Greater diversification can give you better risk-adjusted returns over time than narrow portfolios. In other words, it reduces the amount of return relative to risk. For example, Pacific Life offers a diversified fund, the PSF diversified bond portfolio, which invests in different types of bonds.
- Capital preservation: Capital preservation means protecting the absolute value of your own investment through assets that promise a return of capital. Since bonds generally carry less risk than stocks, these assets are useful for people who are nearing the point where they will have to use the money they have invested.
For example, this could apply to someone who is less than five years away from retirement. Bonds can help preserve capital during downturns in the stock market. Indeed, stocks can face huge levels of volatility over a short period, such as the crash of 2008. On the other hand, a diversified bond portfolio is much less likely to suffer major short-term losses.
Therefore, it may make sense to increase your allocation to fixed income securities and reduce your allocation to equities as you get closer to your goals.
- Immunization: Individuals commonly use bonds to meet an expected future cash requirement. Institutions also use this strategy, called immunization. The concept assumes a match between the duration of the bond and the expected cash flows. This can be easily achieved by using a zero-coupon bond in which the maturity matches the duration of the bond. Although this will not provide any income for the duration of the bond, it will provide a direct match. A bond immunization calculator will give you the best combination of bonds to obtain the optimal return with a given investment horizon.
- Risk management: Fixed income securities are generally considered to carry less risk than stocks. Indeed, fixed income assets are generally less sensitive to macro risks, such as economic downturns and geopolitical events. So, including bonds in your investment portfolio reduces its overall risk.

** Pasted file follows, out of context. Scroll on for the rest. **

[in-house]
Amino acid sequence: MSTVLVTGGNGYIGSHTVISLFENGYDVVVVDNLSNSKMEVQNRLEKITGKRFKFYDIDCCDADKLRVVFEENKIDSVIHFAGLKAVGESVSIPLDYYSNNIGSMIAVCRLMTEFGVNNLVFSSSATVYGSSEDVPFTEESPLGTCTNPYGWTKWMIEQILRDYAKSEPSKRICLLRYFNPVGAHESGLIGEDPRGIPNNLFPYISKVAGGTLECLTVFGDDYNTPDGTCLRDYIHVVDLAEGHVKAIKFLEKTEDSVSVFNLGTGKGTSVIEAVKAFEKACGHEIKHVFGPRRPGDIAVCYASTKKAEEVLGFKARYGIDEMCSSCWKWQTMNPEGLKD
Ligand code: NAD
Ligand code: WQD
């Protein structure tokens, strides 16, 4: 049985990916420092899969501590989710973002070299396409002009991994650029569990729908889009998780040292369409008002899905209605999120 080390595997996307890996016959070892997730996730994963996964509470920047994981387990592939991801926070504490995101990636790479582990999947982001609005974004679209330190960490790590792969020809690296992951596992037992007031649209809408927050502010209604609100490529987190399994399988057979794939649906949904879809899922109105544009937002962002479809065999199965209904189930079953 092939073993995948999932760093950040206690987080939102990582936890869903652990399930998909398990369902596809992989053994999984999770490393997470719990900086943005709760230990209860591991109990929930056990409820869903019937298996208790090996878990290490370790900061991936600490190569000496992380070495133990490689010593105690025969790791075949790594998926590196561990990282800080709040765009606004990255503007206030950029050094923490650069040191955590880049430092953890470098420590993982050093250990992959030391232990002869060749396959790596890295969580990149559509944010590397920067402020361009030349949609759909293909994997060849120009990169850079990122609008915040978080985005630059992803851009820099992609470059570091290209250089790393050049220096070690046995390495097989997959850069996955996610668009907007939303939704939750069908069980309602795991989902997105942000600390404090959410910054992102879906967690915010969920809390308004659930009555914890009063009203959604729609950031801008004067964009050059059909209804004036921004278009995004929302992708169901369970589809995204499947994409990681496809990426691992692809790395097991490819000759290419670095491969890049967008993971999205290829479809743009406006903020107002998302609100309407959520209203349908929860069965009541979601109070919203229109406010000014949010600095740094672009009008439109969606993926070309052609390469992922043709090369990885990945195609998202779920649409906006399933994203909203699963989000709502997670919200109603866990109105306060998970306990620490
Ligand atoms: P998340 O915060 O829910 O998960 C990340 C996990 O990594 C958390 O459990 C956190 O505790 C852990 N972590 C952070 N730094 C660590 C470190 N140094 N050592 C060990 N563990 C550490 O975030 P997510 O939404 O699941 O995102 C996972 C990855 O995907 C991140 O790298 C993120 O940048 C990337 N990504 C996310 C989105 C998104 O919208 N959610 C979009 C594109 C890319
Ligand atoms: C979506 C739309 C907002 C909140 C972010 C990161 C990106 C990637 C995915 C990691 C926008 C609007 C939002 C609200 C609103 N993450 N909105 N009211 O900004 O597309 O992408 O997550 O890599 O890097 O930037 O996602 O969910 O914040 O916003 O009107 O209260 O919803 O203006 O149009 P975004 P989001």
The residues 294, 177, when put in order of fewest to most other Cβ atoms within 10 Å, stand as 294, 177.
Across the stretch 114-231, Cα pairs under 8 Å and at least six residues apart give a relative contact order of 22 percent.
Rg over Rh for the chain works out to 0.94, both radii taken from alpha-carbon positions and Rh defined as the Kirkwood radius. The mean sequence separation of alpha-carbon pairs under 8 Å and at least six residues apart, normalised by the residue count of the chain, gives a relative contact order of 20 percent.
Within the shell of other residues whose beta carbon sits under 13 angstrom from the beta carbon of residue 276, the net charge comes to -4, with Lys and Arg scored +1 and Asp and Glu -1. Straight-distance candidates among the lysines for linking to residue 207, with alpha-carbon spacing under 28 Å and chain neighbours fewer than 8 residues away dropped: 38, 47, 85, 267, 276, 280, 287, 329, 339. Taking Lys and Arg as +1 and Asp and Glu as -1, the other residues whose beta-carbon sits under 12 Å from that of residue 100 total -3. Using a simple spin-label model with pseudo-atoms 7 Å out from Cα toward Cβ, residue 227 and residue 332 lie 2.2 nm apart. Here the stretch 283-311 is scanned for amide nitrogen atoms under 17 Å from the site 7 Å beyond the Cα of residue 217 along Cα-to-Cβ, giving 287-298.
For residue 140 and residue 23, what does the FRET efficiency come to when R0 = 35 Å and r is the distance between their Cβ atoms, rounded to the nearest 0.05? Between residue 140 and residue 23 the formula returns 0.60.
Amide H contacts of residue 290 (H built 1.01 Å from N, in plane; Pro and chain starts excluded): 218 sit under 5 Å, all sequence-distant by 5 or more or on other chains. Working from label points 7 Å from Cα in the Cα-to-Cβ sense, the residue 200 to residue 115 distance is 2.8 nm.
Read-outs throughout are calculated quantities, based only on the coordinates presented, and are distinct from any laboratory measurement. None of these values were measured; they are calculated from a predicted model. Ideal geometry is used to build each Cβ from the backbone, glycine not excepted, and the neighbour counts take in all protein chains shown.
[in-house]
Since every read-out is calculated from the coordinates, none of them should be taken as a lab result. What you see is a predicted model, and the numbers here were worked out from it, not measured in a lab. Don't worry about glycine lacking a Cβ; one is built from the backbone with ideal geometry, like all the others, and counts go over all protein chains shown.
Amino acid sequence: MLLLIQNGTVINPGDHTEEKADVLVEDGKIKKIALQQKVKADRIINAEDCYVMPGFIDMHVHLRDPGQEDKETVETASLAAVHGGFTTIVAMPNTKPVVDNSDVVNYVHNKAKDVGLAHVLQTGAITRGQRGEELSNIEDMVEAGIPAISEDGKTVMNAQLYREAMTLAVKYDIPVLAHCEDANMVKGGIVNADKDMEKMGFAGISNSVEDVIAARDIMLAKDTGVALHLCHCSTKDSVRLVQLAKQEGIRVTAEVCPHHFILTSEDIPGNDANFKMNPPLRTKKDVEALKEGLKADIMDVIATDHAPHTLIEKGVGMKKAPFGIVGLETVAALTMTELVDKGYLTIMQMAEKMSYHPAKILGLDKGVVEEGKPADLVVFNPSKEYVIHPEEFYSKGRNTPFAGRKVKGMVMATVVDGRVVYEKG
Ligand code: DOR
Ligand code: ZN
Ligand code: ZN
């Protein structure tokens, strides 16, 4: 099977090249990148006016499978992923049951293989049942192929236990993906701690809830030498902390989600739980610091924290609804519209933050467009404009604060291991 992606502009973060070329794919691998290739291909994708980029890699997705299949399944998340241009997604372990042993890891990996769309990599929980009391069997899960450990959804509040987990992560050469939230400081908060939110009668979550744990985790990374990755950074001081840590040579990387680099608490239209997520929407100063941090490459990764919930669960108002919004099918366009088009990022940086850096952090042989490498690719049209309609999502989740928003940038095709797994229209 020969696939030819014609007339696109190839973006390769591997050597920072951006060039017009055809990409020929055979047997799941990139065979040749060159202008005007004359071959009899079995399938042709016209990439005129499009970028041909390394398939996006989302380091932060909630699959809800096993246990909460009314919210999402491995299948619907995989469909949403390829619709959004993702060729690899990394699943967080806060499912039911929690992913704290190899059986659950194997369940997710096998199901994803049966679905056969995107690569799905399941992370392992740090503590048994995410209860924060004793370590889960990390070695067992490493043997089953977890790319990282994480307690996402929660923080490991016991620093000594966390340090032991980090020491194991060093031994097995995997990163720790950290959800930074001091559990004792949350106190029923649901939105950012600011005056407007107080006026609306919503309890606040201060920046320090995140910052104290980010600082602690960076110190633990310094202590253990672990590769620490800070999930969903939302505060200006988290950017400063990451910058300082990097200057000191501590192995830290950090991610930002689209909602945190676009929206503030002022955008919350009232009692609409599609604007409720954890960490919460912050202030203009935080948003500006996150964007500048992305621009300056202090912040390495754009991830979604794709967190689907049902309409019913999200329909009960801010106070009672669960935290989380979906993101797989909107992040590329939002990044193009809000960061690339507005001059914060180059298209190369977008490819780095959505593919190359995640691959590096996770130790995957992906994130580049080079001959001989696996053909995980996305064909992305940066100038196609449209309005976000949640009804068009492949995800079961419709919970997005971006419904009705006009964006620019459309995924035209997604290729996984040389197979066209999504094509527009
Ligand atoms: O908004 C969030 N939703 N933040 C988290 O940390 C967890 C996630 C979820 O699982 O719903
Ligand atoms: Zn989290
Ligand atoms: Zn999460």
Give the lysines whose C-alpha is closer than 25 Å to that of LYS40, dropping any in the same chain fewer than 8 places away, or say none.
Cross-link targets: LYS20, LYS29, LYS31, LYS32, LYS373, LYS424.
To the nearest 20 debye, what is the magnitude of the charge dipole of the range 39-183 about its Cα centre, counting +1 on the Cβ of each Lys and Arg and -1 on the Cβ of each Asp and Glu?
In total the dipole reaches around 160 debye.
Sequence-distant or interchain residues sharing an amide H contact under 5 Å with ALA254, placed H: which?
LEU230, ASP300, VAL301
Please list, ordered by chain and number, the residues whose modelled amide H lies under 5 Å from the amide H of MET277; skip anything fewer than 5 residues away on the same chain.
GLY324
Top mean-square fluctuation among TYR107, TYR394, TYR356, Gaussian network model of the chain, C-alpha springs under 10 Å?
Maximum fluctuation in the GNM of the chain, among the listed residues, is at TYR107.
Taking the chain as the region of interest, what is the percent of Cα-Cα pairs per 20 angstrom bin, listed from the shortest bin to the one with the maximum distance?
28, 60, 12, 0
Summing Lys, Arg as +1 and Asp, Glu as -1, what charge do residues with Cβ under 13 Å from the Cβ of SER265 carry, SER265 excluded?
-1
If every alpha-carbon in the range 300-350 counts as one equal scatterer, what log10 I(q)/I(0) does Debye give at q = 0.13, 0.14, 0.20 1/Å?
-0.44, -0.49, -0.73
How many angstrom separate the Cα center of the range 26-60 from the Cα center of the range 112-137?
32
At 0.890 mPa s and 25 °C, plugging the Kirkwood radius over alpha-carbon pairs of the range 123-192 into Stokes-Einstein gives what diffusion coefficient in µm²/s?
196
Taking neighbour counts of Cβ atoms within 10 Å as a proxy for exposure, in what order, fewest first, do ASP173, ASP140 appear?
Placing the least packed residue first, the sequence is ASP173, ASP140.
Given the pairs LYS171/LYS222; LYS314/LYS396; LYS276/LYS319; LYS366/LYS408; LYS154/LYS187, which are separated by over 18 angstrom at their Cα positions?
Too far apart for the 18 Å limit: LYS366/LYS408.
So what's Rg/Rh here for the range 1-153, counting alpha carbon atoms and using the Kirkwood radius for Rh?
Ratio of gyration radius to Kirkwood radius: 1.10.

- Tax Advantages: Certain types of bonds can be useful for investors that want to reduce their tax burden. Income on stocks, bank instruments, and most money market funds, is taxable unless the assets are held in a tax-deferred account. On the other hand, interest on municipal bonds is exempted from tax at the federal level. If you own a municipal bond issued by the state where you live, it is also tax-exempt at the state level.
Income from US Treasury securities is exempt from state and local tax. The universe of fixed income securities offers several ways to reduce your tax burden.
What are the Risks of Investing in Bonds?
Like any investment, buying bonds also involves risks, which include the following:
Interest rate risk: When interest rates rise, bond prices fall. That means the bonds you currently hold may lose value. Interest rate fluctuations are the primary cause of price volatility in bond markets.
Liquidity risk: Liquidity risk is the possibility that an investor looking to sell a bond is unable to find a buyer.
Credit risk: Credit risk (also called financial risk or business risk) is the possibility that an issuer may default on its obligations.
Inflation risk: Inflation is the rate at which the price of goods and services increases over time. If the rate of inflation exceeds the fixed amount of income a bond provides, the investor loses purchasing power.